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About The Book

A tender-souled boy reeling from the death of his best friend struggles to fit into a world that wants him to grow up tough and unfeeling in this stunning middle grade novel in verse from the Newbery Honor–winning author of Genesis Begins Again.

It’s the last few months of eighth grade, and Isaiah feels lost. He thought his summer was going to be him and his boys Drew and Darius, hanging out, doing wheelies, watching martial arts movies, and breaking tons of Guiness World Records before high school. But now, more and more, Drew seems to be fading from their friendship, and though he won’t admit it, Isaiah knows exactly why. Because Darius is…gone.

A hit and run killed Darius in the midst of a record-breaking long wheelie when Isaiah should have been keeping watch, ready to warn: “CAR!” Now, Drew can barely look at Isaiah. But Isaiah, already quaking with ache and guilt, can’t lose two friends. So, he comes up with a plan to keep Drew and him together­­­—they can spend the summer breaking records, for Darius.

But Drew’s not the same Drew since Darius was killed, and Isaiah, being Isaiah, isn’t enough for Drew anymore. Not his taste in clothes, his love for rock music, or his aversion to jumping off rooftops. And one day something unspeakable happens to Isaiah that makes him think Drew’s right. If only he could be less sensitive, more tough, less weird, more cool, less him, things would be easier. But how much can Isaiah keep inside until he shatters wide open?

About The Author

(c) Jasiatic

Alicia D. Williams is the author of Genesis Begins Again, which received Newbery and Kirkus Prize honors, was a William C. Morris Award finalist, and for which she won the Coretta Scott King - John Steptoe Award for New Talent; and picture books Jump at the Sun and The Talk which was also a Coretta Scott King Honor book. An oral storyteller in the African American tradition, she lives in Charlotte, North Carolina.

About The Illustrator

Danica Novgorodoff is an artist, writer, graphic designer, and horse wrangler who lives in Kentucky. Her books include Jason Reynolds’s Long Way Down graphic novel. She was awarded a 2015 New York Foundation for the Arts fellowship in literature and was named Sarabande Books’s 2016 writer-in-residence. She has been a fellow at the MacDowell Colony, Blue Mountain Center, VCCA, Brush Creek Foundation for the Arts, and Willapa Bay AiR. Visit her online at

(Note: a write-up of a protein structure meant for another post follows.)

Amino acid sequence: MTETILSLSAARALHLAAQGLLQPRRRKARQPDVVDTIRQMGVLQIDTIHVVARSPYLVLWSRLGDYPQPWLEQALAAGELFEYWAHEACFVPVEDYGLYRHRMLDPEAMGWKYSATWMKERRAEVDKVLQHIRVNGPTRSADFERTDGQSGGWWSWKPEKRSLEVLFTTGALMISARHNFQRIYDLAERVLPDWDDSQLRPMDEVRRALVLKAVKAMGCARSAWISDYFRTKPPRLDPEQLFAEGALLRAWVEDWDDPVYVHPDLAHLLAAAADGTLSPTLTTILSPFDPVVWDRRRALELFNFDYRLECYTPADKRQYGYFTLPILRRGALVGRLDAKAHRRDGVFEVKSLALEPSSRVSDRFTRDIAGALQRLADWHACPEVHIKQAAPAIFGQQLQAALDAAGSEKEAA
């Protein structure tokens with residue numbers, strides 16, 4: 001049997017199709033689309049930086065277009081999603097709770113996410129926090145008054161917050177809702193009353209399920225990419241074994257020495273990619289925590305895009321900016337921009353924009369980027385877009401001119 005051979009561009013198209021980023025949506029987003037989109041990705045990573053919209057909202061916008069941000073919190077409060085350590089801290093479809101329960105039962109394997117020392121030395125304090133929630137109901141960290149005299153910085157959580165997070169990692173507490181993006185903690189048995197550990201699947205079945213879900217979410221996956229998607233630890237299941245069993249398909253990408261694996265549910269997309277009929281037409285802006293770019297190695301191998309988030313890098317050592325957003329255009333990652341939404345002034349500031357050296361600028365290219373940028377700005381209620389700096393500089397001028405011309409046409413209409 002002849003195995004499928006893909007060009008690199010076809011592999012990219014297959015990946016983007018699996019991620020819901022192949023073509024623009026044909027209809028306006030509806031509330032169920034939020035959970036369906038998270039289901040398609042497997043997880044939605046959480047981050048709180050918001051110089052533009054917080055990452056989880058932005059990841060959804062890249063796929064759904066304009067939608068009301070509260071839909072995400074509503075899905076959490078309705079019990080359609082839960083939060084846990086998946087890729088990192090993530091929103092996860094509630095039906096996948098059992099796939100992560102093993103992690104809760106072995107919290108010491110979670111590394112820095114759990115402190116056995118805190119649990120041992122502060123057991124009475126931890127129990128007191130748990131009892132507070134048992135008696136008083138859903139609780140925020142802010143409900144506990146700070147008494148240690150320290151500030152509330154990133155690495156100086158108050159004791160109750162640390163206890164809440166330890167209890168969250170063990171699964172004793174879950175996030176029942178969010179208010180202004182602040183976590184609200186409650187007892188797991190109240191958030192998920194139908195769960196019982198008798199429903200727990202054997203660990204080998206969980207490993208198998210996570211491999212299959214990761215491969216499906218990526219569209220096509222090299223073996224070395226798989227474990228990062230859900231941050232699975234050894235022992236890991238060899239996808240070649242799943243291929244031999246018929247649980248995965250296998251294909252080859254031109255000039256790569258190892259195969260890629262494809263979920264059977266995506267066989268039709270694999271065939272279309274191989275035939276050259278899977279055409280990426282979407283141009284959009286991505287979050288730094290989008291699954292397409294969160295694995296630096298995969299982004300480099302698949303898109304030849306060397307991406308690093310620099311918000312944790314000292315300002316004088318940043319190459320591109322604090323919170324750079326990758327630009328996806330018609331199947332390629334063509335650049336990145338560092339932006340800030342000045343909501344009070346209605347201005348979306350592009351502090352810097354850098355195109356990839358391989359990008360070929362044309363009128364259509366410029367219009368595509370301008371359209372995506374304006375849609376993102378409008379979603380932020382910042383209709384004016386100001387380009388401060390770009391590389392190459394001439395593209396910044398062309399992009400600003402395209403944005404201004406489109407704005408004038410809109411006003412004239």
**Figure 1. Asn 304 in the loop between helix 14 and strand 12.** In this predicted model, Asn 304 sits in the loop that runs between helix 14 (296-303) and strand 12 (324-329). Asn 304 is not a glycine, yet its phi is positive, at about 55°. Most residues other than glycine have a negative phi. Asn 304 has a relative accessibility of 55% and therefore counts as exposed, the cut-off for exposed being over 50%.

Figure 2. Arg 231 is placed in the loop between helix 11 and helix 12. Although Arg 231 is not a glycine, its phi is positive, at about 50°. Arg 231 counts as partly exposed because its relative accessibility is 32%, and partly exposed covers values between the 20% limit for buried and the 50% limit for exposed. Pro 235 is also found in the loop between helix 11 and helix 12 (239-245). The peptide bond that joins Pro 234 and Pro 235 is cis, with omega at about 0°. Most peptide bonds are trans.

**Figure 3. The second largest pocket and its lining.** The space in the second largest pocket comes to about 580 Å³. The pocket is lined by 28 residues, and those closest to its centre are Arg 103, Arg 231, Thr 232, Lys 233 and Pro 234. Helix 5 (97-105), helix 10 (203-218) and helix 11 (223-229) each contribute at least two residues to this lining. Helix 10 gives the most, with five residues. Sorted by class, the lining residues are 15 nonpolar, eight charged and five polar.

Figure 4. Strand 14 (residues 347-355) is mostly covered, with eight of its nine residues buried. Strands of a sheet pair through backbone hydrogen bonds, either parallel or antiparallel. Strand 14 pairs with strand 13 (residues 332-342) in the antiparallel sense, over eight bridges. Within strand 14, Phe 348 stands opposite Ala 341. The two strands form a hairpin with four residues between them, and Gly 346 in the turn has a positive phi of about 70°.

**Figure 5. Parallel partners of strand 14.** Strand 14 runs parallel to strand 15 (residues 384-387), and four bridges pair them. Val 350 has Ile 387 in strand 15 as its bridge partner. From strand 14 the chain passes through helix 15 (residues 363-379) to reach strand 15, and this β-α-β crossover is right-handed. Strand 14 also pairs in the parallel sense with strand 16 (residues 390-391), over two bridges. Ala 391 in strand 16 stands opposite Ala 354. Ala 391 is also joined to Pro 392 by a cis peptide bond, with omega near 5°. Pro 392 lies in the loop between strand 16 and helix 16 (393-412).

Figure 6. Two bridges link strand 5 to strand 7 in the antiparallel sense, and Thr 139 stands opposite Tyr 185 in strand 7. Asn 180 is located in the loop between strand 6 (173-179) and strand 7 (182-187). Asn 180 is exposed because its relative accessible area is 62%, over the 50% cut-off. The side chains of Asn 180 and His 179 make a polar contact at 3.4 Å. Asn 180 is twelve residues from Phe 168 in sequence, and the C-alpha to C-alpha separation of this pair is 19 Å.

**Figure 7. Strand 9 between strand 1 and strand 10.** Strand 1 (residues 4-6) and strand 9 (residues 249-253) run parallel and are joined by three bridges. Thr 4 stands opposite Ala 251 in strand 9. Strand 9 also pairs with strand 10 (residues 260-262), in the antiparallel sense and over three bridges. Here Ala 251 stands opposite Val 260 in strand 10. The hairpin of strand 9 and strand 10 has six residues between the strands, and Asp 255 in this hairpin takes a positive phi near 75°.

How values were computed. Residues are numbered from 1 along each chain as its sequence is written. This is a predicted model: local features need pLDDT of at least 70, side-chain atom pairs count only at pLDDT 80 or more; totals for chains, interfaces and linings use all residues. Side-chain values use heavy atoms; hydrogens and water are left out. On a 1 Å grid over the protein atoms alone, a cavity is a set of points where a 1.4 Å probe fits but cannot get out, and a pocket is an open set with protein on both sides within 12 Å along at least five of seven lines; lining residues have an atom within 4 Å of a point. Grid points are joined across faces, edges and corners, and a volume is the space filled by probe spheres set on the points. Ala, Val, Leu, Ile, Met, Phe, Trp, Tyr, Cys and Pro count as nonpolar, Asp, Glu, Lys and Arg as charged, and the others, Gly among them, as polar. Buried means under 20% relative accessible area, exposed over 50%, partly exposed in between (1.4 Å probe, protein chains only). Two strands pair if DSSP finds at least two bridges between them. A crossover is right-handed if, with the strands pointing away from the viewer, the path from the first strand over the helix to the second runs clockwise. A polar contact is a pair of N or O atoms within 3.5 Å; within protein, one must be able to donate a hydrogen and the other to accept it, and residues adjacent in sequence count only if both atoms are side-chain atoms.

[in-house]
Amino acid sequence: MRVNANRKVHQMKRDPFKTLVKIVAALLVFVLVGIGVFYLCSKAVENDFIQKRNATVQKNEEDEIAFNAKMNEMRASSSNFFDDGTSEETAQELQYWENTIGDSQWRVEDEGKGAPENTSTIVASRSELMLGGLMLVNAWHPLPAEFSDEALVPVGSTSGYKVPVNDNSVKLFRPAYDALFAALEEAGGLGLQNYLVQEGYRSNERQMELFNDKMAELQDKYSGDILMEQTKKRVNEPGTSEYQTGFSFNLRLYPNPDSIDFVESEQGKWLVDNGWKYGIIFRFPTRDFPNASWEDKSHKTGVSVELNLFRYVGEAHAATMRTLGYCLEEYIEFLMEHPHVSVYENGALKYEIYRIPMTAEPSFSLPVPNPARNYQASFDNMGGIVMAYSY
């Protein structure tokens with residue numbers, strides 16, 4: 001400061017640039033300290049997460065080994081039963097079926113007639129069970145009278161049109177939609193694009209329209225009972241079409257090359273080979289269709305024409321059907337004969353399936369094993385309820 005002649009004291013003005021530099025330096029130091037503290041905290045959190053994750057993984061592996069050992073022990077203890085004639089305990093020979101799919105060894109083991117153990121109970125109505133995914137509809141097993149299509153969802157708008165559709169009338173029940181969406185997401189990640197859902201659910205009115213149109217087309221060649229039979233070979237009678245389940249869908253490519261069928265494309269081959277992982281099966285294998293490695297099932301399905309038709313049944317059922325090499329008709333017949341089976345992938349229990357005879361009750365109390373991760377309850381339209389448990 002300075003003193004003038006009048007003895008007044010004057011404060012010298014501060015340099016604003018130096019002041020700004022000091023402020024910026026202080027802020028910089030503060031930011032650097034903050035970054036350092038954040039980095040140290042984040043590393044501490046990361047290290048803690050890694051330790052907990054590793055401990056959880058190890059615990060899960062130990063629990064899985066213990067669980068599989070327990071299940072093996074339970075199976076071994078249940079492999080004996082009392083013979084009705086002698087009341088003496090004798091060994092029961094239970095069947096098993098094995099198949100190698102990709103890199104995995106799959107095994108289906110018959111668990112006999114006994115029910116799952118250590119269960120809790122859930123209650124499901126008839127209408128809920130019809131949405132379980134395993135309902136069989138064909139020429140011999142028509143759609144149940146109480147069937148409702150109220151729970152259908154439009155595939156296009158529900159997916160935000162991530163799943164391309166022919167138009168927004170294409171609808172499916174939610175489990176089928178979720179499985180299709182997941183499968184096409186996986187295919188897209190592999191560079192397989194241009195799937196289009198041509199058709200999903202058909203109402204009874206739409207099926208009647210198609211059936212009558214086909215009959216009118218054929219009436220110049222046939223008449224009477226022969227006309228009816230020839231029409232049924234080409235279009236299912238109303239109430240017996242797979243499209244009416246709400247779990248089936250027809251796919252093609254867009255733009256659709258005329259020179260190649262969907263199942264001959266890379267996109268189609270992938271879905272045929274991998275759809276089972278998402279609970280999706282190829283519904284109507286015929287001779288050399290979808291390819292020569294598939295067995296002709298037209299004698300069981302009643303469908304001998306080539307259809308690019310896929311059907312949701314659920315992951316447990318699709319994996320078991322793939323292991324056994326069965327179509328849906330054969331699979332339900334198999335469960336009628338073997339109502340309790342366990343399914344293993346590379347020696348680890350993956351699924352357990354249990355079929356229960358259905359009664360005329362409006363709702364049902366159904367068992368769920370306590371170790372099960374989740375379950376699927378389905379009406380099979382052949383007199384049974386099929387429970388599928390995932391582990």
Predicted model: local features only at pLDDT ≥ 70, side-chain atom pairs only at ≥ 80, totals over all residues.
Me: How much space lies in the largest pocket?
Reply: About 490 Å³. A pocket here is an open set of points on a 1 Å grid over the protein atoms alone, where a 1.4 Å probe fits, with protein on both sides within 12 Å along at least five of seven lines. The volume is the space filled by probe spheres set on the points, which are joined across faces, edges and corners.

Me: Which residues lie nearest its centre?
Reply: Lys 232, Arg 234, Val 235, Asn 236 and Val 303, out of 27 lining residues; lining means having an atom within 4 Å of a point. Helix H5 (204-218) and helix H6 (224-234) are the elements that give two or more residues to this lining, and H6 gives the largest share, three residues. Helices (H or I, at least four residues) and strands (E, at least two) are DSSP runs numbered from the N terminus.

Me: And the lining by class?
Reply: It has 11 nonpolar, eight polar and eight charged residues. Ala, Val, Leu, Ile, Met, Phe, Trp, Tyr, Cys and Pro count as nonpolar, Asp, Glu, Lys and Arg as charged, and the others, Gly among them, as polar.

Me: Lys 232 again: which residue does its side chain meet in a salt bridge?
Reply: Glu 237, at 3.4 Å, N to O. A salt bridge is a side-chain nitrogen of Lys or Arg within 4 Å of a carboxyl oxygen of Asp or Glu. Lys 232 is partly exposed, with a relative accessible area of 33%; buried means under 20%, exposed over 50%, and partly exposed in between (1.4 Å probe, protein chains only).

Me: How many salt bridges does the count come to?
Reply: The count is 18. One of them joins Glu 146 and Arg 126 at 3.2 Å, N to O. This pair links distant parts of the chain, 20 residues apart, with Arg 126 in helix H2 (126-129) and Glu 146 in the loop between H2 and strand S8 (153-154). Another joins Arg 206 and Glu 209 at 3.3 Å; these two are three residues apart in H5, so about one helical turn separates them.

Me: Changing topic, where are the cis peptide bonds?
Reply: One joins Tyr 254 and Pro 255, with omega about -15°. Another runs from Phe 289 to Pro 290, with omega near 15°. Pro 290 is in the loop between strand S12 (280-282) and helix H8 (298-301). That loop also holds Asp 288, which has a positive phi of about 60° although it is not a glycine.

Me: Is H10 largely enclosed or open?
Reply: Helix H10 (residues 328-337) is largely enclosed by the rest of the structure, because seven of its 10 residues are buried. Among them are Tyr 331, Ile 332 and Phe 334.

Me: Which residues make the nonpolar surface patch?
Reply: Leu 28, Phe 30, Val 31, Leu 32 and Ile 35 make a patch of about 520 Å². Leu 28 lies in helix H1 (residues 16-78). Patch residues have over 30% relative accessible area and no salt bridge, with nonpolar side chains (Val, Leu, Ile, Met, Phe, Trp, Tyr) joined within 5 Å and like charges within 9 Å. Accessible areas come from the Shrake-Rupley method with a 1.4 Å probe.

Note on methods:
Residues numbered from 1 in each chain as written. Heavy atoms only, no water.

Product Details

  • Publisher: Atheneum/Caitlyn Dlouhy Books (April 23, 2024)
  • Length: 320 pages
  • ISBN13: 9781481465854
  • Ages: 10 - 99

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Raves and Reviews

In lovely verse, Williams tells a powerful story of a young teenager struggling in the wake of a friend’s death. Isaiah’s fear is palpable and very relatable to those with a habit of freezing in stressful situations. Observing him overcome his fears, both of risky stunts and of showing people his true self, is incredibly empowering. This novel also skillfully deals with issues of absent fathers, friendship changes, and prejudice. Interspersed are Novgorodoff’s beautiful watercolor illustrations that perfectly complement the story. All characters read as Black. VERDICT A quietly stunning novel in verse about grief and learning to accept yourself. Recommended for all middle grade collections.

– School Library Journal, STARRED REVIEW, 3/1/24

Williams’ book, written in verse and adorned with vivid illustrations, portrays an accurate depiction of Black boyhood. This compelling novel, full of vulnerability and hope, is a must-read.

– Booklist, STARRED Review, 2/15/24

“Be like water,” Isaiah says. “Always,” Darius replies. These are the final words the boys say to each other before Darius takes off on his bicycle to break the Guinness world record for a wheelie. Isaiah is in charge of watching for cars, but a chaotic, unexpected confrontation ends with a tragic fatal accident. Williams (Genesis Begins Again, rev. 1/19) handles the sensitive topics of death, grief, racism, violence, and racial and gender expression with care, making sure the narrative doesn’t become overly dark and heavy. The novel’s focus on Isaiah’s inner world allows readers to witness the evolution of a thirteen-year-old Black boy dealing with life-altering events, navigating challenging relationships with friends and family and, finally, feeling comfortable enough to reveal his full self in the process.

– HornBook, STARRED REVIEW, May/June Issue

Pastoral features such as expressive b&w illustrations by Novgorodoff (Long Way Down) and clear, accessible verse by Williams (Genesis Begins Again) skillfully juxtapose larger, heavier examinations of grief, identity, mental health, and racism, making for a heartfelt novel about an unmoored child seeking strength and self-forgiveness.

– Publishers Weekly, 1/22/24

Black boy joy, hurt, anxiety, and perseverance relayed with charm.

– Kirkus Reviews, 2/15/24

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